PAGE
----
What About Timing?

In general, most experts agree that eating heavy meals close to bedtime interferes with the body’s process of winding down for sleep. As the body works to digest the food, your sleep can be disrupted. Studies have shown that consuming too much saturated fat and sugar right before sleep can reduce the amount of time spent in important stages of sleep, such as deep sleep. For these reasons, if you feel you must have a snack close to bedtime, remember to keep it small. Another tip is to avoid eating anything spicy close to bedtime. Ingredients such as hot sauce and hot peppers can make you feel uncomfortably warm and interfere with your sleep. Very spicy food can trigger gastric disturbances too.

How Alcohol Can Disrupt Sleep

If you’re having trouble falling asleep, it can be tempting to reach for an adult beverage. Estimates vary, but as many as 20 percent of Americans use alcohol to help them fall asleep faster. But did you know that even though alcohol can induce that sleepy feeling, it ends up interfering with sleep later in the night? The effects of alcohol last longer than you might think. For example, it takes around 5 hours for the body to eliminate alcohol after 4-5 drinks. Moderation and timing are the two key elements to minimizing the sleep-robbing effects of alcohol.

Alcohol: A Potent REM Sleep Suppressor

Drinking alcohol interferes with sleep by impairing certain stages of sleep – particularly REM sleep (the stage of sleep where dreams are most likely to occur). In fact, alcohol is one of the most potent REM sleep inhibitors. After you fall asleep and alcohol’s sedative effect fades away after the liver metabolizes alcohol, your sleep becomes disrupted, especially during the second half of the night where REM sleep is more common. For example, you’re likely to experience lighter sleep and more frequent periods of being awake. Following an evening of drinking, these wake periods may include getting out of bed to visit the bathroom, meaning even more disruption of sleep time.

Even fewer than two servings a night can significantly impair sleep. A 2018 article compared the effects of low, moderate, and high servings of alcohol on sleep quality. The authors found the following sleep quality disturbances after varying alcohol consumption:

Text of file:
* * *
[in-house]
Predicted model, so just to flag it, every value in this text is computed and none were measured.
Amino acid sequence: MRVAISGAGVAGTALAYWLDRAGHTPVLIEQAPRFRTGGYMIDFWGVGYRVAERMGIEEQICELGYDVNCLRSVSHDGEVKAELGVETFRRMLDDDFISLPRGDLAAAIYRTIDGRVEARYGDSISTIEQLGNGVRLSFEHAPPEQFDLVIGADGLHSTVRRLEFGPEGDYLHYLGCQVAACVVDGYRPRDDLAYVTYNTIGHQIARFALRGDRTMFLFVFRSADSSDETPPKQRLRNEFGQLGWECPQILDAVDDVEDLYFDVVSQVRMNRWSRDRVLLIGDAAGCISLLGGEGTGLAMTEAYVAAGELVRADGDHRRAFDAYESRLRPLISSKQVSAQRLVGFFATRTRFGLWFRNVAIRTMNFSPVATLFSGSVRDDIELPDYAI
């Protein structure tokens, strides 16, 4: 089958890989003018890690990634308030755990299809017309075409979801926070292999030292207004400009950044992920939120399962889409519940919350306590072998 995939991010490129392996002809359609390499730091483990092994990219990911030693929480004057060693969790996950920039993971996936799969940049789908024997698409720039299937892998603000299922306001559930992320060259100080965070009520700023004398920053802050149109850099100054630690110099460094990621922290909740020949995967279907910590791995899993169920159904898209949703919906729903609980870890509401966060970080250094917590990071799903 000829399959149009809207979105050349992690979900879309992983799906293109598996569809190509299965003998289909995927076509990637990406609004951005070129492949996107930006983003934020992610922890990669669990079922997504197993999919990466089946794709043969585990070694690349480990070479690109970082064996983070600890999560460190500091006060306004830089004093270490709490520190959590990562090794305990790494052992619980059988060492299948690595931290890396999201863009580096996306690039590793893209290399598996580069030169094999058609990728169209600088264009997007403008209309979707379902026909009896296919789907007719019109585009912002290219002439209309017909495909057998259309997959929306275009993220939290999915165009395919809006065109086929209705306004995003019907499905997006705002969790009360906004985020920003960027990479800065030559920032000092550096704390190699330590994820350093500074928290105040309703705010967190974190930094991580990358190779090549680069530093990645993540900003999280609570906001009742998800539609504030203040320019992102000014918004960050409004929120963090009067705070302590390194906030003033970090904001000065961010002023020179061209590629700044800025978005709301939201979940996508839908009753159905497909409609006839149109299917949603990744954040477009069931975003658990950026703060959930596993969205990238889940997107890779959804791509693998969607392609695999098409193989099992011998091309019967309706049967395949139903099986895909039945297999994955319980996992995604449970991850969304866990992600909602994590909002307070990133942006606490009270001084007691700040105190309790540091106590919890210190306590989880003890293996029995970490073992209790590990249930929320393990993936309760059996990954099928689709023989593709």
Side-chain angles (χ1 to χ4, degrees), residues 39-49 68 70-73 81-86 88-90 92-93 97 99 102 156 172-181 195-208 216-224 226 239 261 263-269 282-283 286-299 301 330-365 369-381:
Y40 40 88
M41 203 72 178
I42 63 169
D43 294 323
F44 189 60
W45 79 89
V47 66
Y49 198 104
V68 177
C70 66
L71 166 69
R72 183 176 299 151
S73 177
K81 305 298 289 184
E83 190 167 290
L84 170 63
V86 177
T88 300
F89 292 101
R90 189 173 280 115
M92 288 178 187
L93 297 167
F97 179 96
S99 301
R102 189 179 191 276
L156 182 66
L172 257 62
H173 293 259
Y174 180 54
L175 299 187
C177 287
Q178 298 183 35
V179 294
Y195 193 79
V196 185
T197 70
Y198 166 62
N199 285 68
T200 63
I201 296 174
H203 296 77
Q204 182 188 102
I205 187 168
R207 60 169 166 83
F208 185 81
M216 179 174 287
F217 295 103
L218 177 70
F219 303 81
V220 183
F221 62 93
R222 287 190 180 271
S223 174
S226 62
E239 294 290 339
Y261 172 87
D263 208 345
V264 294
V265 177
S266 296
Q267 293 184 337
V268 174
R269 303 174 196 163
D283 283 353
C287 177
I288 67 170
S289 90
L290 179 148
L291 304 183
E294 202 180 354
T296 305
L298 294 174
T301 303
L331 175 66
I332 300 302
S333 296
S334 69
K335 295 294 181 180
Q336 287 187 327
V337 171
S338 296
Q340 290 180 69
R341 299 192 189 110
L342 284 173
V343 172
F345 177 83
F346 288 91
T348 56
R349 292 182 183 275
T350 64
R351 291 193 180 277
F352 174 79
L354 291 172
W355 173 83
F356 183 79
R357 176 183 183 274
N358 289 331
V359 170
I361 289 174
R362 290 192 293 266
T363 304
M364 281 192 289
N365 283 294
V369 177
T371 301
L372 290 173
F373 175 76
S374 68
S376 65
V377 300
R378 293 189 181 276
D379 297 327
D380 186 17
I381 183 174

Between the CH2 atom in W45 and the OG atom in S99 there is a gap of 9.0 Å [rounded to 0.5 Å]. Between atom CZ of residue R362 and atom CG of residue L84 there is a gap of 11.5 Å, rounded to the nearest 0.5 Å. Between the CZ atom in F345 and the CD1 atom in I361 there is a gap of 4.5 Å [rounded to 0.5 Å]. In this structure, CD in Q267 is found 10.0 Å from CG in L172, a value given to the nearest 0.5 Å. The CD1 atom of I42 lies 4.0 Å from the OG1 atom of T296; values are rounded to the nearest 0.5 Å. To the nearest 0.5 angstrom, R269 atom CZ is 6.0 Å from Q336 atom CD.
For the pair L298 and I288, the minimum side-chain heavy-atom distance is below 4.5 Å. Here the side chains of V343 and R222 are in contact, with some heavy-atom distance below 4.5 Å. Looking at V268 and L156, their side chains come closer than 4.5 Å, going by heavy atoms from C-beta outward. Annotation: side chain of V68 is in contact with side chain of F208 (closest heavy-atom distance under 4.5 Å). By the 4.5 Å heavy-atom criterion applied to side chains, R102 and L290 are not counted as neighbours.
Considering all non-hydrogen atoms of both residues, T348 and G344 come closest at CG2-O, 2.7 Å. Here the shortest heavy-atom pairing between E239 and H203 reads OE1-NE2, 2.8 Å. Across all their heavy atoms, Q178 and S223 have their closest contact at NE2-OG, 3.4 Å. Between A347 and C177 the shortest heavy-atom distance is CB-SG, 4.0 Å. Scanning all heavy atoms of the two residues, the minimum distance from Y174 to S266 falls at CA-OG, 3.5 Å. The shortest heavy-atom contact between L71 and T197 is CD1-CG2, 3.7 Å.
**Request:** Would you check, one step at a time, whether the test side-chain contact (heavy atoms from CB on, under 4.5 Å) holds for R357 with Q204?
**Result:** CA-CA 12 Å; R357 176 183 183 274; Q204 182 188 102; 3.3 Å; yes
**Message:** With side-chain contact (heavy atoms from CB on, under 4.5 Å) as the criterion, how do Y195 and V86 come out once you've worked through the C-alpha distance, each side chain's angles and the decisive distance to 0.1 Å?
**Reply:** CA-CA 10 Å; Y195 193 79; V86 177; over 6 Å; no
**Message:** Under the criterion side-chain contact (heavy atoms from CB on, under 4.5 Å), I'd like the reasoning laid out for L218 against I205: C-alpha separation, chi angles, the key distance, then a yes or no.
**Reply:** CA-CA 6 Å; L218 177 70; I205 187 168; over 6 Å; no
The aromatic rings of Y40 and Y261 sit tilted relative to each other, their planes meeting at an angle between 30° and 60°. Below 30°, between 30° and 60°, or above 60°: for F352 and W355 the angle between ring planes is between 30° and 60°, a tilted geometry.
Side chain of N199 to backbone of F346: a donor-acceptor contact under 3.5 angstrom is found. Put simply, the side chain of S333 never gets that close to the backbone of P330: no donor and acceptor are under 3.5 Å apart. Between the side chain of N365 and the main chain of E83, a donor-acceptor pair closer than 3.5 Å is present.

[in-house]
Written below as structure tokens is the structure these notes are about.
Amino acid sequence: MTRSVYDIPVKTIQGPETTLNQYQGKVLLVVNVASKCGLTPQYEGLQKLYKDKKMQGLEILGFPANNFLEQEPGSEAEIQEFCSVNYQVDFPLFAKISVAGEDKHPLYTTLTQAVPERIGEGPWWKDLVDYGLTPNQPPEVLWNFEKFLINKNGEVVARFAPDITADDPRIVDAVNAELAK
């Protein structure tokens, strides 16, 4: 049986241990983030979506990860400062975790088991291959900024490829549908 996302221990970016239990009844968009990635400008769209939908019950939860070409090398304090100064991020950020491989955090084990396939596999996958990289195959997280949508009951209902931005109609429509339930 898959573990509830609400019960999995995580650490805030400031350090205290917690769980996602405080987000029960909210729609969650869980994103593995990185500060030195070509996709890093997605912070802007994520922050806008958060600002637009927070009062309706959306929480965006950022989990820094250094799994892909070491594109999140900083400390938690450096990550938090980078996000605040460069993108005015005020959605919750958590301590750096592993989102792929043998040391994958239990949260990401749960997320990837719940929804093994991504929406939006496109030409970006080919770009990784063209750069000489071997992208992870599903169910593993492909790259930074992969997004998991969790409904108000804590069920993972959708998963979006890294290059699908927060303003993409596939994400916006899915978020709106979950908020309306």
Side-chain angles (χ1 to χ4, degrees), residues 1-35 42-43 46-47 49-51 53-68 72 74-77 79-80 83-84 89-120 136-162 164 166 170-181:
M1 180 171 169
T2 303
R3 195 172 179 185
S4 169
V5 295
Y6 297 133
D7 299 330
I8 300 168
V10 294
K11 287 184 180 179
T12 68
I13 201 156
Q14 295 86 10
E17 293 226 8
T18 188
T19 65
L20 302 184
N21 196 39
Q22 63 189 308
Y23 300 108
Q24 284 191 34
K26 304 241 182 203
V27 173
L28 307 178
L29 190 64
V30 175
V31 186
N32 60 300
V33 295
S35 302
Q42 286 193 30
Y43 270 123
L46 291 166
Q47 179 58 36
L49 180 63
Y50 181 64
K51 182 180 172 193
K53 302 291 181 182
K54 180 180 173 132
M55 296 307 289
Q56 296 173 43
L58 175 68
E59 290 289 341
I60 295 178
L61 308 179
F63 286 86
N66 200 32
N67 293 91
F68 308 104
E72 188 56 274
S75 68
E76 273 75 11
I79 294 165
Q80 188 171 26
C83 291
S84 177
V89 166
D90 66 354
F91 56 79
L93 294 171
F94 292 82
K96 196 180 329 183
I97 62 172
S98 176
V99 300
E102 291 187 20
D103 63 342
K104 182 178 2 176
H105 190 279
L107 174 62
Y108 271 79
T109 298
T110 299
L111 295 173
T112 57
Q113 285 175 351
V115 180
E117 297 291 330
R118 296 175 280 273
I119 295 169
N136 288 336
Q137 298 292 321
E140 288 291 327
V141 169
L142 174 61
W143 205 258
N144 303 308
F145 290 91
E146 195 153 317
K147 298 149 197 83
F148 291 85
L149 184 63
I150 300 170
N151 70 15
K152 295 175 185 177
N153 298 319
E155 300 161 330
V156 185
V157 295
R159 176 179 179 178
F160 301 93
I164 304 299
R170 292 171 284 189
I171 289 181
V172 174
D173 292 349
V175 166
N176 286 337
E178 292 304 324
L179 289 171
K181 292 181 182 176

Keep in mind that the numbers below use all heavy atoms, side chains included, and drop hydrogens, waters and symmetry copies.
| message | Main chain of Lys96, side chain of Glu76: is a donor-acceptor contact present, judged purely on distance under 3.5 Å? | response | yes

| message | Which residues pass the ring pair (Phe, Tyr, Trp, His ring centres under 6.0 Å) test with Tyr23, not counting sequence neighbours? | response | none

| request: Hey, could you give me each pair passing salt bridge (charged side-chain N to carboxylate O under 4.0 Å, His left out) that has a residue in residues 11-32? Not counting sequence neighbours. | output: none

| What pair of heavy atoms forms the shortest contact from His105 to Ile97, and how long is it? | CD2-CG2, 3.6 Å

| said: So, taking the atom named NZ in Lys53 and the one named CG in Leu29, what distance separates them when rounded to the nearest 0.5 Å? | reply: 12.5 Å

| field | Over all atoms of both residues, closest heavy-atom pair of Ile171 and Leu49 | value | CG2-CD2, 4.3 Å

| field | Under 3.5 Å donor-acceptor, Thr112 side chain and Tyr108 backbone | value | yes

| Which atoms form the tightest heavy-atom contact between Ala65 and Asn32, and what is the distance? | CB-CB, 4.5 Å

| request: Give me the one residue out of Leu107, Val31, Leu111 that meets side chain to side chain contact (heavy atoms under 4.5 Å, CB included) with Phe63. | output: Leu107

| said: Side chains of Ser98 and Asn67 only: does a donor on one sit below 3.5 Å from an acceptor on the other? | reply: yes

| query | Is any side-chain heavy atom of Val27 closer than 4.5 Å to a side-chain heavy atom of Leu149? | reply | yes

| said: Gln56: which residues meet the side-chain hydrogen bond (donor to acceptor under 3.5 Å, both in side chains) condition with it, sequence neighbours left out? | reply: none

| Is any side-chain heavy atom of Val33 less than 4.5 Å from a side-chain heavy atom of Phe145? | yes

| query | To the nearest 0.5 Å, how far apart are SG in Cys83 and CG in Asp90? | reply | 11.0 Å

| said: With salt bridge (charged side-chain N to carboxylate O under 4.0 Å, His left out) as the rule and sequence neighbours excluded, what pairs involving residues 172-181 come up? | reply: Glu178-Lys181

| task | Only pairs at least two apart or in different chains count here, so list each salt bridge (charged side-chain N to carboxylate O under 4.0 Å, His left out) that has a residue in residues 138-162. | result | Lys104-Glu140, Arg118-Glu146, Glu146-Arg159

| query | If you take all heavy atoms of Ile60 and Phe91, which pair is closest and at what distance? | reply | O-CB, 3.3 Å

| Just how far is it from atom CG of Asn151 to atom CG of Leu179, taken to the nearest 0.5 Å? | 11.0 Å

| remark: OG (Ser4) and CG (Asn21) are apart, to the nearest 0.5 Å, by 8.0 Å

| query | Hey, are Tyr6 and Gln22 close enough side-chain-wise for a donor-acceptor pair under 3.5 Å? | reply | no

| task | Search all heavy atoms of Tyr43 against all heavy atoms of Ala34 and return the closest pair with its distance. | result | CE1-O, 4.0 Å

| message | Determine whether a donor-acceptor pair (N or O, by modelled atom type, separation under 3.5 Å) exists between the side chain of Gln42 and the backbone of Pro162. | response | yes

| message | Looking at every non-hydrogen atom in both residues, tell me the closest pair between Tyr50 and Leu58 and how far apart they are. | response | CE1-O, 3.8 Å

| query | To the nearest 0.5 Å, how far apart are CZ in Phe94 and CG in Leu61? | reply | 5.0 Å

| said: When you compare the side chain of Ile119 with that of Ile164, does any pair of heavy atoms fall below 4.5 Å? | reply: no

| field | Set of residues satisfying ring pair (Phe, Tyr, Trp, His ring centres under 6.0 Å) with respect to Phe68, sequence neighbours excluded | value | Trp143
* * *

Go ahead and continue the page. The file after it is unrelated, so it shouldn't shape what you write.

• Low consumption: Less than 2 servings of alcohol impaired sleep quality by ~10%
  • Moderate consumption: Two servings of alcohol impaired sleep quality by ~25%
  • High consumption: Greater than two servings impaired sleep quality by ~40%

Alcohol and Sleep Disorders

Alcohol also increases the risk of certain sleep disorders and exacerbates the symptoms of existing sleep disorders. For example, one study found that adults who binged more than 2 days/week had 64% greater odds of insomnia than non-binge drinkers. Similar effects have been observed for young adults. Among those that reported weekly binge drinking, 56% reported trouble staying asleep, over half reported issues falling asleep, and 62% reported issues with snoring or sleep apnea. In addition to insomnia, authors of a recent systematic review found that higher levels of alcohol consumption increased the risk of obstructive sleep apnea by 25%.

To sum it up, even though it’s a common belief that drinking alcohol makes you sleep soundly, the reality is that it leads to fragmented sleep, an increased likelihood of sleep disorders, and feeling unrefreshed in the morning. And, if you had a late night, you may end up getting less sleep than you need and feeling worse in the morning for that reason too. All of this can contribute to daytime tiredness, difficulty concentrating, and problems with performance.

SleepScore Labs Solutions

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Sleep well!